774 F.2d 1280
UNITED STATES of America, Plaintiff-Appellee,
Adan CASTILLO-ROMAN, Defendant-Appellant.
United States Court of Appeals,
Oct. 23, 1985.
Majorie Meyers, Federal Public Defender, Roland E. Dahlin, II, Houston, Tex., for defendant-appellant.
James R. Gough, Jr., Susan L. Yarbrough, Asst. U.S. Attys., Houston, Tex., for plaintiff-appellee.
Before POLITZ, GARWOOD and JOLLY, Circuit Judges.
This case is an appeal to review the adequacy of procedures followed by the district court in sentencing the defendant to four years in the custody of the Attorney General. Because we find that the appellant's sentencing did not rest on any factual inaccuracies, and that the district court did not materially err in conducting the sentencing hearing, we affirm and remand only to allow the district court to attach a copy of the sentencing transcript to the presentence report in compliance with Federal Rule of Criminal Procedure 32(c)(3)(D).
* In June of 1984, the appellant Adan Castillo-Roman, along with Jose Cervantes-Martinez, Jose Ortegon-Ramirez and others, was arrested outside a Lucky 7 Supermarket in Houston, Texas. Several of the passengers in Castillo's vehicle were illegal aliens, having been transported earlier in the day to Houston from Laredo, Texas by Ortegon and Cervantes. The initial complaint indicated that the transaction involved the smuggling of nine Mexican Nationals. On August 2, 1984, however, pursuant to a plea agreement, Castillo, Ortegon, and Cervantes each pleaded guilty to only one count of illegally transporting an undocumented alien within the United States, in violation of 8 U.S.C. Sec. 1324(a)(2) and 18 U.S.C. Sec. 2.
After accepting the defendants' plea, the district court ordered the preparation of a presentence investigation report (PSI). In addition to personal data and the defense and prosecution's account of the Houston incident, Castillo's PSI indicated that he had been arrested previously for the transportation of illegal aliens in December of 1983. He had been deported, but not prosecuted for that offense. The PSI also contained a section entitled "Additional Information" that included the following comments:
An interview with the Immigration case agent reveals that prior to his arrest, Immigration officials had information that defendant Adan Castillo Roman was the head of the "Las Tejas" operations in Houston, Texas. This information was obtained through confidential sources, his telephone number being found during collateral arrests, and the seizure of his telephone records which revealed calls to the organizational heads in Nuevo Laredo, Mexico. Therefore, they rate him as the most culpable in this offense, while defendants Cervantes and Ortegon were labeled as "runners" and less culpable.
Castillo filed a motion to redact unfounded allegations contained in the presentence report pursuant to Federal Rule of Criminal Procedure 32(c)(3), requesting that the district court: (1) hold a hearing at which the government would be required to prove that he was the "Las Tejas" leader as indicated in his PSI; (2) not rely on that information when imposing his sentence; and (3) order that the information be stricken from his report. At Castillo's later sentencing hearing, the government responded to this motion by offering the testimony of Rex Burns, an Immigration Service Case Agent. Burns stated that the Immigration and Naturalization Service had obtained information that several phone calls had been made to suspected "Las Tejas" members in Nuevo, Mexico from a telephone registered to Rafeal Salgado at 1300 Wirth Road in Houston, Texas. He further stated that an individual named "Juan" was understood to be the "Las Tejas" organization leader, and that "Juan" was living at that address. He offered no testimony, however, to establish that Castillo was, in fact, "Juan" or that Castillo ever resided at 1300 Wirth Road in Houston, Texas.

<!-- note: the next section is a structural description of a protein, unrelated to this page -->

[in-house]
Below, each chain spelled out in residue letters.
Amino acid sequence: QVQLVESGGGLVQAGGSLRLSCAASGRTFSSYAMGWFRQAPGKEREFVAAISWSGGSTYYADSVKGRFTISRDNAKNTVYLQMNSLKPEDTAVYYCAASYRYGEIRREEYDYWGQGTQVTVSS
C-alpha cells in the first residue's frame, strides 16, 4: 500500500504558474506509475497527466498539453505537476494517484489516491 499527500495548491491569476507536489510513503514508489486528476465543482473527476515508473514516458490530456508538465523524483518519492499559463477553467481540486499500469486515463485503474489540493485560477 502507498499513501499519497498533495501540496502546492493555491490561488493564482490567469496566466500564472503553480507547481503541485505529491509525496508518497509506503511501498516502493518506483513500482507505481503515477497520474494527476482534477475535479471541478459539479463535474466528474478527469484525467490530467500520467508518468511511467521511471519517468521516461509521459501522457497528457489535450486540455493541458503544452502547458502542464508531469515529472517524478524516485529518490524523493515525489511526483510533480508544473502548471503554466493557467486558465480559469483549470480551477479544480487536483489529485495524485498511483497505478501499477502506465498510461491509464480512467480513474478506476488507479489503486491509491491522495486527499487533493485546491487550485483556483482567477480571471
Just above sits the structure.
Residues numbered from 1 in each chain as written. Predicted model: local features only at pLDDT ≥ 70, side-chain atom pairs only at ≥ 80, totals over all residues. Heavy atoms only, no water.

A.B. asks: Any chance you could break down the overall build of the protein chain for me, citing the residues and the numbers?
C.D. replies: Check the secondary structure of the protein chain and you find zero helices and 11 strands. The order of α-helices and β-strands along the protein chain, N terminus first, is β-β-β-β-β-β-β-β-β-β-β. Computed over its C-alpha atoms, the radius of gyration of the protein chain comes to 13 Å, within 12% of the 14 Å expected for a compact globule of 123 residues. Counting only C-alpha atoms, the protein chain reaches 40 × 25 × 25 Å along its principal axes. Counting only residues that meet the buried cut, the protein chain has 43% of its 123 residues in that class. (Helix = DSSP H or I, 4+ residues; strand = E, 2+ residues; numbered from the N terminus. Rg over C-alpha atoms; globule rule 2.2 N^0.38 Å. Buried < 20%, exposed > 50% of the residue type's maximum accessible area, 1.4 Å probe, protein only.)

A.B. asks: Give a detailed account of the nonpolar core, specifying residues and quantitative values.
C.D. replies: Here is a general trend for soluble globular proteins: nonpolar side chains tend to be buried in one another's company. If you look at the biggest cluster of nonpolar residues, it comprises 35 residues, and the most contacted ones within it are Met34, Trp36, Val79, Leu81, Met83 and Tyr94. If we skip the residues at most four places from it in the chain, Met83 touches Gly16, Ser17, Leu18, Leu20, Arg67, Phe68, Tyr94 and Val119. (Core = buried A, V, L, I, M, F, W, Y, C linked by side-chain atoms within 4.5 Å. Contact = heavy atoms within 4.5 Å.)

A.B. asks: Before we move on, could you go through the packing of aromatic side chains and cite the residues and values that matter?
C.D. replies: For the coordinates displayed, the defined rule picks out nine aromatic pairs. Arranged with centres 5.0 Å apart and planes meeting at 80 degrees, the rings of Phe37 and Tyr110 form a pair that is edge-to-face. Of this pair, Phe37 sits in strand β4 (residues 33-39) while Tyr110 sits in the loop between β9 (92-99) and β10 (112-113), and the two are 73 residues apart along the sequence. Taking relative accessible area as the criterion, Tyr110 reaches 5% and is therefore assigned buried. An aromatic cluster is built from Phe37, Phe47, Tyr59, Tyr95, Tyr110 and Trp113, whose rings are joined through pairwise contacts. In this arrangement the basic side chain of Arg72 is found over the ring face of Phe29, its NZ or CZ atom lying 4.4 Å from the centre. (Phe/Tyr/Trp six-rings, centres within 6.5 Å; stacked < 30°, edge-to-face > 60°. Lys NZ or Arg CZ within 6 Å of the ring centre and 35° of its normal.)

Castillo responded to Burns' testimony by generally denying that he lived at the address stated; he provided no additional rebuttal evidence. Castillo also admitted his prior immigration arrest and deportation and further acknowledged that he had illegally reentered the United States and again had engaged in the illegal transportation of Mexican Nationals.
When imposing Castillo's sentence, the district court stated that it would "disregard the problem about the telephone [but would] consider the fact that [Castillo was] only a short time previously arrested on a similar offense." The court, however, did not rule on the motion to strike the disputed material from the PSI. The court then sentenced Castillo to four years in the custody of the Attorney General. After imposition of the sentence, the following exchange occurred between Castillo's counsel and the court:
MISS MEYERS: May I move that the challenged allegations be stricken?
THE COURT: I'm not going to strike anything. The defendant is entitled to a hearing before the parole board and at that time he can challenge all of these allegations. Also, the immigration service.
I haven't considered them in sentencing him. I considered his prior involvement in the recent past and his involvement in this case which appears to me he was the moving person in this situation and I am sure the board of pardons and parole, whenever it comes time to consider this defendant's case can inquire. He has a hearing then and the service can attempt to prove its allegation if the board thinks it is something that's going to effect [sic] their decision.
I think he's entitled to a hearing on it, if it's going to impair his right to early release.